Over the course of the last few days it’s come to light that there is an unfortunate racist problem rearing its ugly head within our township. Several high school students repeatedly iterating a racial slur should serve as both an important focal point for discussion on tackling racism, but also as a warning of the much more severe underlying problems in the current social culture. The time and place for a conversation about these issues which we seem negligent to should have occurred before these unfortunate and despicable actions occurred, but now is just as an opportune moment to do so. While these actions may seem relatively minor in comparison to other acts of racism, this incident reveals only a small layer of racism within the community.
Racism is a trait that is not simply caused by an inebriated state of mind or immediately at birth, but rather it is something that is learned throughout their lifetime. Consider the age of the students in the video and the words they are saying. Clearly they had to have learned them from somewhere, and rap music is simply not the cause. While rap often contains explicit lyrics akin to other genres, it does not use the racial slur utilized in the video in such a hateful way. The hateful connotations of the video are what really seal the deal in making these an act of racism. These racist connotations were learned, not created. Even if believed to be a joke, the joke bears no comedic value and is still explicitly racist. There’s a reason people were saying these things, and if three people learned it there’s a chance other people just haven’t been caught yet.
Responsibility is key in order to solve this issue and tackle it. The township has been diligent in its response to the incident, yet for some the response feels underwhelming at best. Referring to this incident as a teaching moment and shrugging shoulders towards the real institutional causation of racism being normalized within the culture of those students is further contributing to the issue. What the town as a whole needs is an open dialogue and honest look at why this happened, not half-hearted attempts by some to defend these heinous acts. Some people on Facebook have commented that these acts should be dismissed due to teenagers saying things they regret, another person said this was due to anti trump fervor and the radical “left”, while for the most part people condemned these actions. Those who tried to defend these actions or attacking those who fully condemned these actions are both complacent and fall incredibly short of the causes.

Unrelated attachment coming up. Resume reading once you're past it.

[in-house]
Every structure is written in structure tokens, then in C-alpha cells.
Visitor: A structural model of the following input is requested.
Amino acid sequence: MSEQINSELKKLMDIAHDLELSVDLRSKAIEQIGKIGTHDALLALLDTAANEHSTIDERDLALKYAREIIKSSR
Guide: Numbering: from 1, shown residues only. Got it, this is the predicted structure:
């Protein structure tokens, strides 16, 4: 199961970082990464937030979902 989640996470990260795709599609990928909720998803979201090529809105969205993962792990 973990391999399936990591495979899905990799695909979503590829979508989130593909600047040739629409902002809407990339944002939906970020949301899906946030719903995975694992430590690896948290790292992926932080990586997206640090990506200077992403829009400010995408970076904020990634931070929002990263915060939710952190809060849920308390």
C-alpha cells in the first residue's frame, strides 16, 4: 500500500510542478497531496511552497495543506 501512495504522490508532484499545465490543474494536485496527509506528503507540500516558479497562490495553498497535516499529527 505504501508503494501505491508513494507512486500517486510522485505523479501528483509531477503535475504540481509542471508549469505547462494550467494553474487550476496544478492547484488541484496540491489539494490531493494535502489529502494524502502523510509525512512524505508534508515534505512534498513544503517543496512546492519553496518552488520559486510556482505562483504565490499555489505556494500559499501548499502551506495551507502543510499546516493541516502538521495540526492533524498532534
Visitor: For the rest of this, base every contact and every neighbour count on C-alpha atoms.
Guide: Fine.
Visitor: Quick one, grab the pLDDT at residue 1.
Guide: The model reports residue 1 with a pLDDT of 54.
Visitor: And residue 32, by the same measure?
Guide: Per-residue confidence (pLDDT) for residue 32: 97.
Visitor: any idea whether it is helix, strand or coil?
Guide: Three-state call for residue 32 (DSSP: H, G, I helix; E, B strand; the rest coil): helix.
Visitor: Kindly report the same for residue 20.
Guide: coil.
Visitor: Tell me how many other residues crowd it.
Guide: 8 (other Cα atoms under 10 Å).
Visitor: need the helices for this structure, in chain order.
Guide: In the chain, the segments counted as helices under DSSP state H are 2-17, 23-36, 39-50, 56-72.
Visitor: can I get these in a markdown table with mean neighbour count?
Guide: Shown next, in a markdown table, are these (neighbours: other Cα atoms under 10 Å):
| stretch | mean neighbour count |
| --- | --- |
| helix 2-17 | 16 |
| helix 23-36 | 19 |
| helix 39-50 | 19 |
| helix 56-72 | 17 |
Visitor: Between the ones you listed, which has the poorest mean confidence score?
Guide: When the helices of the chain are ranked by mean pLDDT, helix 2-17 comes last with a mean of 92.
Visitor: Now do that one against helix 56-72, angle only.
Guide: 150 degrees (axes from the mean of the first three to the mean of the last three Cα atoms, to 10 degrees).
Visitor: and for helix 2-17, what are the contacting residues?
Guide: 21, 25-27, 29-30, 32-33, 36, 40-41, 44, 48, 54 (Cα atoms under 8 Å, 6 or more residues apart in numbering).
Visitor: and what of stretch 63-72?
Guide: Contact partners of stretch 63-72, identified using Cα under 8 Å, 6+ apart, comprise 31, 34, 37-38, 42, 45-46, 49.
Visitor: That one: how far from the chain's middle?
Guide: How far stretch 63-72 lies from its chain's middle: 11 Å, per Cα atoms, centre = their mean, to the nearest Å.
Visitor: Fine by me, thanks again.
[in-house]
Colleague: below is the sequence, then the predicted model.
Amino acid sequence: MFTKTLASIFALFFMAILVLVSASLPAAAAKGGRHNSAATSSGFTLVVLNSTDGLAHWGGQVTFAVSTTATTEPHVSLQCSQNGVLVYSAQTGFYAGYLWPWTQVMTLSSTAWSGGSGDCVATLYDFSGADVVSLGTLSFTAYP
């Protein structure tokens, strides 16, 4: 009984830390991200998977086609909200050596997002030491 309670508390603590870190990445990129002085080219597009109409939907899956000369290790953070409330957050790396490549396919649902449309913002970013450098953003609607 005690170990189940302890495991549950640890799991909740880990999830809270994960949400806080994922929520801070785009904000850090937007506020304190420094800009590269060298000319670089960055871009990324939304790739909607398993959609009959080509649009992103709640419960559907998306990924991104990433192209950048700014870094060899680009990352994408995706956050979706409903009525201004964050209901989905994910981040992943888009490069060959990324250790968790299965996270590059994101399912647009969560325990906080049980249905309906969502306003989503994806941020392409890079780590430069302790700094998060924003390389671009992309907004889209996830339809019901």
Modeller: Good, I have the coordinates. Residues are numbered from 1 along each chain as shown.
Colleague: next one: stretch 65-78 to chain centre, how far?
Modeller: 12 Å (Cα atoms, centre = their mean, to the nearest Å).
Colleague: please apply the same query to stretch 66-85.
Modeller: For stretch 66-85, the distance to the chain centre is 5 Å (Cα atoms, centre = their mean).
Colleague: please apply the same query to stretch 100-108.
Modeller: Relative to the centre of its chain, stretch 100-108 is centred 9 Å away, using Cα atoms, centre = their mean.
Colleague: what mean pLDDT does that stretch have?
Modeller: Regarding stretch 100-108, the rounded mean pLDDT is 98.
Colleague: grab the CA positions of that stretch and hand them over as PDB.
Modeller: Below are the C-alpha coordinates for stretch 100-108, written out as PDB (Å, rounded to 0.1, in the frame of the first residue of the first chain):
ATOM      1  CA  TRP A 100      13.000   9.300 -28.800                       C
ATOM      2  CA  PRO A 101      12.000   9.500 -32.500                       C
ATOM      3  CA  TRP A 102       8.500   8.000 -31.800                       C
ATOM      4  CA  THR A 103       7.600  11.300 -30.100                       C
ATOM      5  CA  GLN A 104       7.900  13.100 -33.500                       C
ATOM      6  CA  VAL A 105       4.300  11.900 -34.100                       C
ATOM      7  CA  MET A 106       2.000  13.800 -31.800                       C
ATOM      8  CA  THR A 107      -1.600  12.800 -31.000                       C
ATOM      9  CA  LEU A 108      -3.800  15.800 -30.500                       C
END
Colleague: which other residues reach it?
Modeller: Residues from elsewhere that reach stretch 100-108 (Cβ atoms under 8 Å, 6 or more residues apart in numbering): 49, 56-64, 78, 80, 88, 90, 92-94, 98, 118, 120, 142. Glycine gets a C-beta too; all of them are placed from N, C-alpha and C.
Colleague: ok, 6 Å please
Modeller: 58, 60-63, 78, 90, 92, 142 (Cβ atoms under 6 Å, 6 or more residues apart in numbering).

Nutley as a whole needs to have a conversation about this and listen to who is impacted. Nutley is not a very diverse town to begin with, and those who are minority residents of the town may feel much more uncomfortable due to this. There’s people with confederate flags in this town and while that is freedom of speech, the message it sends is one historically linked to hatred, separatism and slavery. As stated early, the racism from these students came from somewhere. It didn’t spring up out of nowhere. What we need to do as a town is address where and why. We have a negative reputation already, and this further solidified others views of Nutley in a negative light. If we wish to turn that around, we have to tackle the issue head on. I believe the way to go is an open forum about this issue, followed by expanding anti-racism initiatives in the classroom, as well as more diversity whenever possible. Nutley High already has a fantastic course about the history of race relations, but this should be expanded to all students district wide. We should use these disgraceful comments as a launching pad for dismantling the root causes of racism within our town.